25987-30-82-Propenoic acid, polymer with 2 p-propenamide, sodium salt / Copolymer of acrylamide and sodium acrylate
71050-62-92-Propenoic acid, polymer with sodium phosphinate (1:1)
66019-18-92-propenoic acid, telomer with sodium hydrogen sulfite
107-19-72-Propyn-1-ol / Propargyl alcohol
51229-78-83,5,7-Triaza-1-azoniatricyclo[3.3.1.13,7]decane, 1-(3-chloro-2-propenyl)-chloride,
115-19-53-methyl-1-butyn-3-ol
127087-87-04-Nonylphenol Polyethylene Glycol Ether Branched / Nonylphenol ethoxylated / Oxyalkylated Phenol
64-19-7Acetic acid
68442-62-6Acetic acid, hydroxy-, reaction products with triethanolamine
108-24-7Acetic Anhydride
67-64-1Acetone
79-06-1Acrylamide

Environmental Research Assistant: Mark Olsthoorn

Among ththose advocating a slower approach to natural gas development is Mark Olsthoorn, a faculty research assistant at the University of Maryland's Center for Integrative Environmental Research.

Climate and greenhouse gas issues

Natural gas from shale, produced with the hydraulic fracturing technique, is often touted as  a ‘bridge fuel’ toward a sustainable energy system. ‘Bridge fuel’ refers to the capacity of natural gas to reduce carbon emissions on the short term, when renewable energy sources still play a minor role, while facilitating the growth of renewables. This climate friendliness of natural gas from shale hinges on three premises: (1) natural gas has lower greenhouse gas emissions than other fossil fuels it should displace, (2) the extra natural gas entering the market will indeed displace coal and oil in power generation, and (3) the flexibility of natural gas-fired power plants to fluctuate its output allows it to work well in conjunction with intermittent renewable sources such as solar and wind, which coal-fired and nuclear power plants are much less suited to do.

The following paragraphs take a closer look at first two critical premises, which are most uncertain.

Is natural gas from shale cleaner than coal and oil?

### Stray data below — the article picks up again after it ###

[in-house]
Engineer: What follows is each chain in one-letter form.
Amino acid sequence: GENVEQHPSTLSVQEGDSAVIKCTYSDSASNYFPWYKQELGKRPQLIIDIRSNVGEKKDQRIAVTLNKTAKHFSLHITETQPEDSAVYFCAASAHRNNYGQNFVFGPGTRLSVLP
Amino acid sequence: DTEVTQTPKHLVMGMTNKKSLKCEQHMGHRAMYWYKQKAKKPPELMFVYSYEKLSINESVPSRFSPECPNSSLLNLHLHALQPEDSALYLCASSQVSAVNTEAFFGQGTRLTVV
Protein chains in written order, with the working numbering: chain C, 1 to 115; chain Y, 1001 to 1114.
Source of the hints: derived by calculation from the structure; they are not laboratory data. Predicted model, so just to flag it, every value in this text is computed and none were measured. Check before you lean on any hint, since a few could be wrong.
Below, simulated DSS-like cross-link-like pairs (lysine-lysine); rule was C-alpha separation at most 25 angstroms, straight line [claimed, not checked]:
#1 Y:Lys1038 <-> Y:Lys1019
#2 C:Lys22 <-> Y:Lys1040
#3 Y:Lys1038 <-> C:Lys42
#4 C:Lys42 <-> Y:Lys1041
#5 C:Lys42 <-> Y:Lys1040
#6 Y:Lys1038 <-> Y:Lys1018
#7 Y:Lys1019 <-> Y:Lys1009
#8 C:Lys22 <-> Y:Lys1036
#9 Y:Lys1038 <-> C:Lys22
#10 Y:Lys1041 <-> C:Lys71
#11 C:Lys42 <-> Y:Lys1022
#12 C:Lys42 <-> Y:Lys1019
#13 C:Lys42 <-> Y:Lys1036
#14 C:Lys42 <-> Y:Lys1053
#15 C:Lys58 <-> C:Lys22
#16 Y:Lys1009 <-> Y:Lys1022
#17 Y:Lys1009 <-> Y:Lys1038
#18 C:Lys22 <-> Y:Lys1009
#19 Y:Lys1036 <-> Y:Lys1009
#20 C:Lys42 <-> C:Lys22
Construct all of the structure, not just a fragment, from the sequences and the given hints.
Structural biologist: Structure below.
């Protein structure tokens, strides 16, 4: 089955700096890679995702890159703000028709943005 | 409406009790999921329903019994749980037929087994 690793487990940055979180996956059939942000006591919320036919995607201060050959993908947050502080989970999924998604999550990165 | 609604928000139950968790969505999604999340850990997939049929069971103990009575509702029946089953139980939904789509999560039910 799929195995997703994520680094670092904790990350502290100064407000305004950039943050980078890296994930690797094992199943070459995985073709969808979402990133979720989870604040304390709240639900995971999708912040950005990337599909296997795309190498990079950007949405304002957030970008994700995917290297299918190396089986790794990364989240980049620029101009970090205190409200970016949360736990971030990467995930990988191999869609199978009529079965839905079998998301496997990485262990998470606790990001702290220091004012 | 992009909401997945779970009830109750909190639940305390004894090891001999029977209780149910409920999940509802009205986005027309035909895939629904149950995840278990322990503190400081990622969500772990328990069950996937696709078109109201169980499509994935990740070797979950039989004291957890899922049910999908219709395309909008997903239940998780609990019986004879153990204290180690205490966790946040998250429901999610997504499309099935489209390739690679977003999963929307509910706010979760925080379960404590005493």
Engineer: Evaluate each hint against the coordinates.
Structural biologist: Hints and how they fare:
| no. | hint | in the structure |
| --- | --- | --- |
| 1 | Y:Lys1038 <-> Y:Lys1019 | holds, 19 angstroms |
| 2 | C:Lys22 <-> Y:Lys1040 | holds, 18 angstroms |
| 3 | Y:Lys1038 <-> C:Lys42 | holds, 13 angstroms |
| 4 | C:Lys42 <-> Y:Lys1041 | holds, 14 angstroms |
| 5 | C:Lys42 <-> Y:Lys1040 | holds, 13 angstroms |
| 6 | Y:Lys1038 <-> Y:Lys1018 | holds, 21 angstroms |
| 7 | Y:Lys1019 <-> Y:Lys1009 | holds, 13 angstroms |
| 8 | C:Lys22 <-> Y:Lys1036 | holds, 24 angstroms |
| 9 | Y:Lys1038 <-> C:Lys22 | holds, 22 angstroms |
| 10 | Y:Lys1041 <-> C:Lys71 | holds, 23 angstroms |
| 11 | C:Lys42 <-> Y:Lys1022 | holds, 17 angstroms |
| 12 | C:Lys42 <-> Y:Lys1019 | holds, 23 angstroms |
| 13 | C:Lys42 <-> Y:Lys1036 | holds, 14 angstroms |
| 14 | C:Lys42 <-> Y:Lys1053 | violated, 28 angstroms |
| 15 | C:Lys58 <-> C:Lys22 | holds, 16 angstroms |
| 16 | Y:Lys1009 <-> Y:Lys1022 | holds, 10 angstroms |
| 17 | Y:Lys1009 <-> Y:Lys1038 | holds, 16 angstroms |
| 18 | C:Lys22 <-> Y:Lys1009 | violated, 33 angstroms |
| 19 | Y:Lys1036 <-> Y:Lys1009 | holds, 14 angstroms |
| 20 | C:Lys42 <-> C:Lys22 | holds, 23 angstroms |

Natural gas has a carbon intensity[1] that is about 55 percent the carbon intensity of coal and  71 percent that of oil[2][3]. When natural gas is burned, it will emit much less CO2 per unit of energy released than does coal or oil. Natural gas’s major contribution to short-term emissions reduction would be through displacing coal in electricity generation. Gas-fired generation is generally more efficient than coal-fired generation, adding to natural gas’s climate advantage over coal. However, a complete comparison of a megawatt-hour of electricity from coal and shale gas would look at the life-cycle and include emissions released during the whole chain of well drilling and completion, production, processing, distribution and end-use. During all phases of the life cycle emissions of greenhouse gases occur. These include emissions from power consumed in facilities such as processing plants and compressor stations and methane that is vented or leaked. Few studies yet exist that analyze life cycle emissions from shale gas, but those that do[4][5][6] agree that for natural gas from shale produced with horizontal wells and high-volume hydraulic fracturing upstream emissions are higher than from conventional gas. The two main reasons for the difference are: (1) hydraulic fracturing is an energy-intensive process, due to the high volumes of fluids that need to be injected into the well at high pressures and trucked to and from the well site, and (2) flowback of fluids after the fracturing job bring along significant quantities of natural gas that can escape to the atmosphere. And like in conventional gas production, gas is vented and leaked form storage sites and transmission lines. Natural gas is mostly methane (CH4), the second-most important greenhouse gas after CO2 and much more potent on a per-kg basis. How much more potent is expressed by the global warming potential[7] (GWP) and depends on the timeframe considered. Methane is much shorter-lived than CO2, which keeps trapping heat for centuries. According to the IPCC[8], methane is 72 times more potent than CO2 over a 20-year (GWP20 = 72), which reduces to 25 times over 100 years (GWP100 = 25). Which timeframe to use is science-informed political decision. The Kyoto protocol uses the 100-year time frame, but some argue that a shorter timeframe is appropriate, because of the possibility of the climate passing tipping points in the coming decades, beyond which irreversible, large-scale changes can occur.